What’s In a Title?

By Kenneth Surbrugg, Director of the Center for Entrepreneurship at Missouri Southern State University

Over the past few months, I have found myself discussing the differences between a small business owner and an entrepreneur. On the one hand, some believe that the two terms are interchangeable. On the other hand, some believe that the two “titles” are different. Who is right? That is not mine to decide, but it made me think about this debate.

Entrepreneurs are viewed as being more innovative and exciting. These individuals are the ones who push advancements in technology and further society. These are the individuals who start companies that unlock millions of dollars in value and expand entrepreneurial ecosystems across the globe. Look at the advancement in smartphones and the multiple apps that run on them as quick evidence for this argument.

Small business owners, on the other hand, are viewed as being less innovative and less exciting. These individuals start businesses that usually serve the local market. These businesses typically start small and, for the most part, stay small. Think of a locally owned restaurant, a barber or salon, or a local cleaning company.

Yes, entrepreneurs are exciting and usually on the cutting edge (or beyond). These individuals or teams have the potential to unlock value for themselves and their early investors. Many of them have “cool” backstories that can be found in the national and international entrepreneurial press.

However, small businesses are where most of us work and shop on a daily basis. Small businesses create real value every day and are the backbone of the U.S. economy, making up to “99.9% of all U.S. businesses and 99.7% of firms with paid employees” (“How Small Businesses Drive the American Economy,” Forbes, March 25, 2022).

Are these the only two choices when it comes to defining a business? According to A New Entrepreneurial Dynamic: 21st Century Startups and Small Businesses by Greg Autry, there are several different types of businesses. Below are a few examples to explore:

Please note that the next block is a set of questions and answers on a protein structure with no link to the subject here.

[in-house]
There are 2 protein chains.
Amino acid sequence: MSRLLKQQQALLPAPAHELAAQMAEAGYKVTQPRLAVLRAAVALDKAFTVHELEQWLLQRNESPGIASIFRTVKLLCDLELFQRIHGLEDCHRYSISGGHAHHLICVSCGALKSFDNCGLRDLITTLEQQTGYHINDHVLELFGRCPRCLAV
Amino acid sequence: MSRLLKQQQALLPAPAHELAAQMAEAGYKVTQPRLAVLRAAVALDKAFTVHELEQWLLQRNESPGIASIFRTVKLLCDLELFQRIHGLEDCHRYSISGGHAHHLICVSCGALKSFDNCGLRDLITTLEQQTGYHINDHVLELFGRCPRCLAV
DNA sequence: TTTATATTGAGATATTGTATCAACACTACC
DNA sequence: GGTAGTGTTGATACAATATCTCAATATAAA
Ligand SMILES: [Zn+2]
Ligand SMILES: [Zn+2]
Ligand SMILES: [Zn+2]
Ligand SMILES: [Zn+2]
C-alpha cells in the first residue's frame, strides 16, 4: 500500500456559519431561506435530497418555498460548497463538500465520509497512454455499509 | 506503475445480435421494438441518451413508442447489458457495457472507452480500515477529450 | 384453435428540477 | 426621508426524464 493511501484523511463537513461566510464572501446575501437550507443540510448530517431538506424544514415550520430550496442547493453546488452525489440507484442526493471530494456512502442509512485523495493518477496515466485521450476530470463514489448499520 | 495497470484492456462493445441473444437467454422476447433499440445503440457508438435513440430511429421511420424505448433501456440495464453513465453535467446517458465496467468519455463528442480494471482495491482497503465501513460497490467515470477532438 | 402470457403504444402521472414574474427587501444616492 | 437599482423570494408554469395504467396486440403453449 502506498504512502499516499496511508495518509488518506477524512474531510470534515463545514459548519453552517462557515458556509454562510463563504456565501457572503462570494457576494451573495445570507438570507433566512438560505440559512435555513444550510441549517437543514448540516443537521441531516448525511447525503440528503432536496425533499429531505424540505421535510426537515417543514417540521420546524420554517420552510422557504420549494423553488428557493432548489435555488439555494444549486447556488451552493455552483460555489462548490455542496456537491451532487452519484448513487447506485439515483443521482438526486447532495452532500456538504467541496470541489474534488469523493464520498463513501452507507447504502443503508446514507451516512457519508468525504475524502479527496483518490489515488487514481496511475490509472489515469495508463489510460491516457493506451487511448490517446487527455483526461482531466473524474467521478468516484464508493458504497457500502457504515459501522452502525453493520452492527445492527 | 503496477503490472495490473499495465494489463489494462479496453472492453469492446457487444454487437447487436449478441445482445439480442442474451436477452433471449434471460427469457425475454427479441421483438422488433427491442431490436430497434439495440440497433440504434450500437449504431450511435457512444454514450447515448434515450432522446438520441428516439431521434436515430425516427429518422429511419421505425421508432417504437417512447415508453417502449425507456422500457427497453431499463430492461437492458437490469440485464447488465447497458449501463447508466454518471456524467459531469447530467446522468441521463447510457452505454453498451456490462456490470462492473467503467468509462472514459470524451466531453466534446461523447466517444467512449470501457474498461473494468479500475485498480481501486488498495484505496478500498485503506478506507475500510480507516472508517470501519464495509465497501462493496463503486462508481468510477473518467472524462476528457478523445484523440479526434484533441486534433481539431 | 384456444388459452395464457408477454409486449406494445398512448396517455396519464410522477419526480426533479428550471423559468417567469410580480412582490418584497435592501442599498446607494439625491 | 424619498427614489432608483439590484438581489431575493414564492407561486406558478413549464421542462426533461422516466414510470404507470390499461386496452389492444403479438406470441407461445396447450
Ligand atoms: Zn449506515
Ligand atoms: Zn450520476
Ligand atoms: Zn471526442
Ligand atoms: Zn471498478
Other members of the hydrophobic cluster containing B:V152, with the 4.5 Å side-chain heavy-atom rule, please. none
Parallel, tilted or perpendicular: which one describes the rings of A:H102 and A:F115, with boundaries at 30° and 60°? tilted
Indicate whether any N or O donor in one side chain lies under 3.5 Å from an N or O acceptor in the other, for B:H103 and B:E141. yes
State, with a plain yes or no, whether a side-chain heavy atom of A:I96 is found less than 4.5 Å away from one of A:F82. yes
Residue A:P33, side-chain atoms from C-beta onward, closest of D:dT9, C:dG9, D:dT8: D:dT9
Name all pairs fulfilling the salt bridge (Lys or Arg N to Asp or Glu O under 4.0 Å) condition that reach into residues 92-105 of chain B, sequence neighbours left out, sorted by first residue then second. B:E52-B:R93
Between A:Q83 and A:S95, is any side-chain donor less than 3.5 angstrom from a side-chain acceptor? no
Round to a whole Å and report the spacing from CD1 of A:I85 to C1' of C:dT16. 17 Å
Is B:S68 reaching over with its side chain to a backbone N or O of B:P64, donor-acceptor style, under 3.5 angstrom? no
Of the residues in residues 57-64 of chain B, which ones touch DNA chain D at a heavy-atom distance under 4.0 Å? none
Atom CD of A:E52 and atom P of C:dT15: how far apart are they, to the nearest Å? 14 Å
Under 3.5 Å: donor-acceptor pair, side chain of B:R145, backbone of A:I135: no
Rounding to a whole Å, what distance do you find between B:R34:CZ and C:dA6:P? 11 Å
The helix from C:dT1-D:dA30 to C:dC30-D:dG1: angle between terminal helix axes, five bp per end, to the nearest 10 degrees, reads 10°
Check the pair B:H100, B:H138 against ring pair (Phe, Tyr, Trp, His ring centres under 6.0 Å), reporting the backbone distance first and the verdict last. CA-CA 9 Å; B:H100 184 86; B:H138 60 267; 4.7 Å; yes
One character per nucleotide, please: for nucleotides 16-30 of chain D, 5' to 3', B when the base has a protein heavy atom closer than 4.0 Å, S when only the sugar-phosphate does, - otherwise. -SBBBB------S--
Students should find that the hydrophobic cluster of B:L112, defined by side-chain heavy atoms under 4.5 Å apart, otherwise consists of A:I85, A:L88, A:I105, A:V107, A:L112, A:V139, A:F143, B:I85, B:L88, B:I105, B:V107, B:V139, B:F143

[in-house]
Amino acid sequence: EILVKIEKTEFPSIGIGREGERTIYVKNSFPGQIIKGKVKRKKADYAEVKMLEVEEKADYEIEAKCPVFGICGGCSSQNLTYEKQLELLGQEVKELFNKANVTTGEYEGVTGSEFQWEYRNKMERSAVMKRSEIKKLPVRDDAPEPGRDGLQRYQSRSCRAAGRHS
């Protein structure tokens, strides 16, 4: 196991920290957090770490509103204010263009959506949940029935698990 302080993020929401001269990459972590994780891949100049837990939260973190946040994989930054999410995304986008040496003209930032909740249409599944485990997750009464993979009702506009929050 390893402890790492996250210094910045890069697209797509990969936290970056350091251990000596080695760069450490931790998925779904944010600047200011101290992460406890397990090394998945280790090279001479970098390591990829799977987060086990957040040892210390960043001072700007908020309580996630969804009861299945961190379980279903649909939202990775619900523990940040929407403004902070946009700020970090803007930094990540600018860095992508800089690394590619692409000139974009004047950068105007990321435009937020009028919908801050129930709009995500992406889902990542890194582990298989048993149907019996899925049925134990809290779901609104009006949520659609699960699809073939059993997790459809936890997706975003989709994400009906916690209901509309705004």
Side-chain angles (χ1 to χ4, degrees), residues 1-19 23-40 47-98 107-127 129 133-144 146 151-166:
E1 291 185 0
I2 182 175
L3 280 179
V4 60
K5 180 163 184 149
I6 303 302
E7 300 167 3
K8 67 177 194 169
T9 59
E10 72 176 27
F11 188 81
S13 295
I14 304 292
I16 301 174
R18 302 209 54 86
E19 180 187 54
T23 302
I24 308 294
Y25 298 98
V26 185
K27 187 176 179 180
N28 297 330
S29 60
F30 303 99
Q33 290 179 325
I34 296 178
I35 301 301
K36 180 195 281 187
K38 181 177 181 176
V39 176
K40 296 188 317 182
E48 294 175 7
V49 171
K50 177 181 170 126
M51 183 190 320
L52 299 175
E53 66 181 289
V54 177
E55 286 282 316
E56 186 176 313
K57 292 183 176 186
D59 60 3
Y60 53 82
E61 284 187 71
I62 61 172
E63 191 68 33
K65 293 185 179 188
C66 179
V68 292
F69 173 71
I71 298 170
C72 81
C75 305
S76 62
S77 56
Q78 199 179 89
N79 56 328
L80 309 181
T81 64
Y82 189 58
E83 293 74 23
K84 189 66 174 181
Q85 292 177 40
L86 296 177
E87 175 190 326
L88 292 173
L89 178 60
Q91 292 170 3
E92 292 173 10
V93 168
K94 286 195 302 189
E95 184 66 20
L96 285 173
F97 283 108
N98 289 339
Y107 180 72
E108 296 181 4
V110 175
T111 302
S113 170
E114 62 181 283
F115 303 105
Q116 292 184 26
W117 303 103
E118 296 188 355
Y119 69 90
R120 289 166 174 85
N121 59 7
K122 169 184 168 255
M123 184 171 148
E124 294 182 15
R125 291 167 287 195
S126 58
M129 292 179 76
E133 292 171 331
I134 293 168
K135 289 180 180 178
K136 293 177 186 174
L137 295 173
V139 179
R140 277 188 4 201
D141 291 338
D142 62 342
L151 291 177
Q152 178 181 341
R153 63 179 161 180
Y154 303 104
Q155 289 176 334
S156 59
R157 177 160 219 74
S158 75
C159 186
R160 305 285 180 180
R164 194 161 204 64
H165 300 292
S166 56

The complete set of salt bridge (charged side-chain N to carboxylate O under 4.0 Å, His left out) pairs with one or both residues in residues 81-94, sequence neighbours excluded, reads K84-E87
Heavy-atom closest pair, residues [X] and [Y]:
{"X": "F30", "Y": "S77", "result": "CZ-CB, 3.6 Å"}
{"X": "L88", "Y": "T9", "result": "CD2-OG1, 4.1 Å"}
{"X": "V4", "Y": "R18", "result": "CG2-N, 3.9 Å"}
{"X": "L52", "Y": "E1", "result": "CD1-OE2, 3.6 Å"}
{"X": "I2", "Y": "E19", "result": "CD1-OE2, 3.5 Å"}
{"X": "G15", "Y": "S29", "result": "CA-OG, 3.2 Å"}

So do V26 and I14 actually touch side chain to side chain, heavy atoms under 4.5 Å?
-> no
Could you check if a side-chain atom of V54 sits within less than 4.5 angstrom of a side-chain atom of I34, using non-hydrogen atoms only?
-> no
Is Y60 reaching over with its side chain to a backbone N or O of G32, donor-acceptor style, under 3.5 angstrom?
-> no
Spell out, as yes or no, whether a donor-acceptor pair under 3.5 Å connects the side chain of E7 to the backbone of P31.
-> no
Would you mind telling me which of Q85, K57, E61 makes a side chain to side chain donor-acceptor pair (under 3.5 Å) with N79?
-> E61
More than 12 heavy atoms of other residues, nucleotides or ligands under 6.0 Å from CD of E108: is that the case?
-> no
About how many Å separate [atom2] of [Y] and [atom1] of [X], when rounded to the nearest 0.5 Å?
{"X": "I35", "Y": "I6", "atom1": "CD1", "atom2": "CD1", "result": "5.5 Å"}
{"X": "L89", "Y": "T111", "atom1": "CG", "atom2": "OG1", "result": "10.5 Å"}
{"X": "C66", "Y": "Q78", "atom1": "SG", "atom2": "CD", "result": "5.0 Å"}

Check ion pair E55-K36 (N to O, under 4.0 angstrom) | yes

• Rapid-Growth Startup: These are the high-tech ventures that are seen as innovative and exciting. These firms attract venture capitalists and dominate the entrepreneurial press. Although these firms can grow quickly and dominate the press, they also fail quickly.
  • Main Street Entrepreneur: This is what most of us think of as a traditional mom-and-pop small business. These can be owned and operated by an individual, a family, a group of friends, or all of the above. These are the companies that do not attract many outside investors and rarely scale beyond the local market.
  • The Organic-Growth Small Business: These businesses grow through the reinvestment of profits, so growth is funded over time. This model allows the founder(s) to have the most control over the company and its future and prevents them from having to answer to outside investors.
  • The Buyable Startup: This is a smaller version of the rapid-growth startup and is usually focused on a particular technology, product, or service. These businesses usually have a for-sale sign on the door before they actually open for business. They demonstrate their business model and then try to cash in on it early so they can move on to their next idea.
  • The Lifestyle Business: Owners of these businesses do not try to grow them but rely on them to provide a steady income so the owner(s) can maintain a certain lifestyle. This can mean living in a certain area, providing flexibility to attend to outside interests, or being in an industry that the owner(s) find interesting.
  • The Social Entrepreneur: These businesses strive for profitability to support a special mission or causes that are important to either the entrepreneur or the community. These firms can simply donate a percentage of their profits to those missions, or they can incorporate social responsibility into their core culture.

As we enter the new year, now is a good time to review and to think about the type of business you want. Can a lifestyle business become a rapid-growth startup? Maybe — but is that what you want? Do you want to transition into a social entrepreneur? There are no right or wrong answers. Anyone looking to start, grow, or maintain a business must assume risks for the potential of profit and be satisfied with the balance of the demands of time and resources involved and expected from the business.

So, it is up to you, the small business entrepreneur. Small businesses are the backbone of this country and I believe that the two terms have equal importance.

No matter what type of firm (or title) you have or aspire to have, remember to keep innovating.

Be the first to comment

Leave a Reply

Your email address will not be published.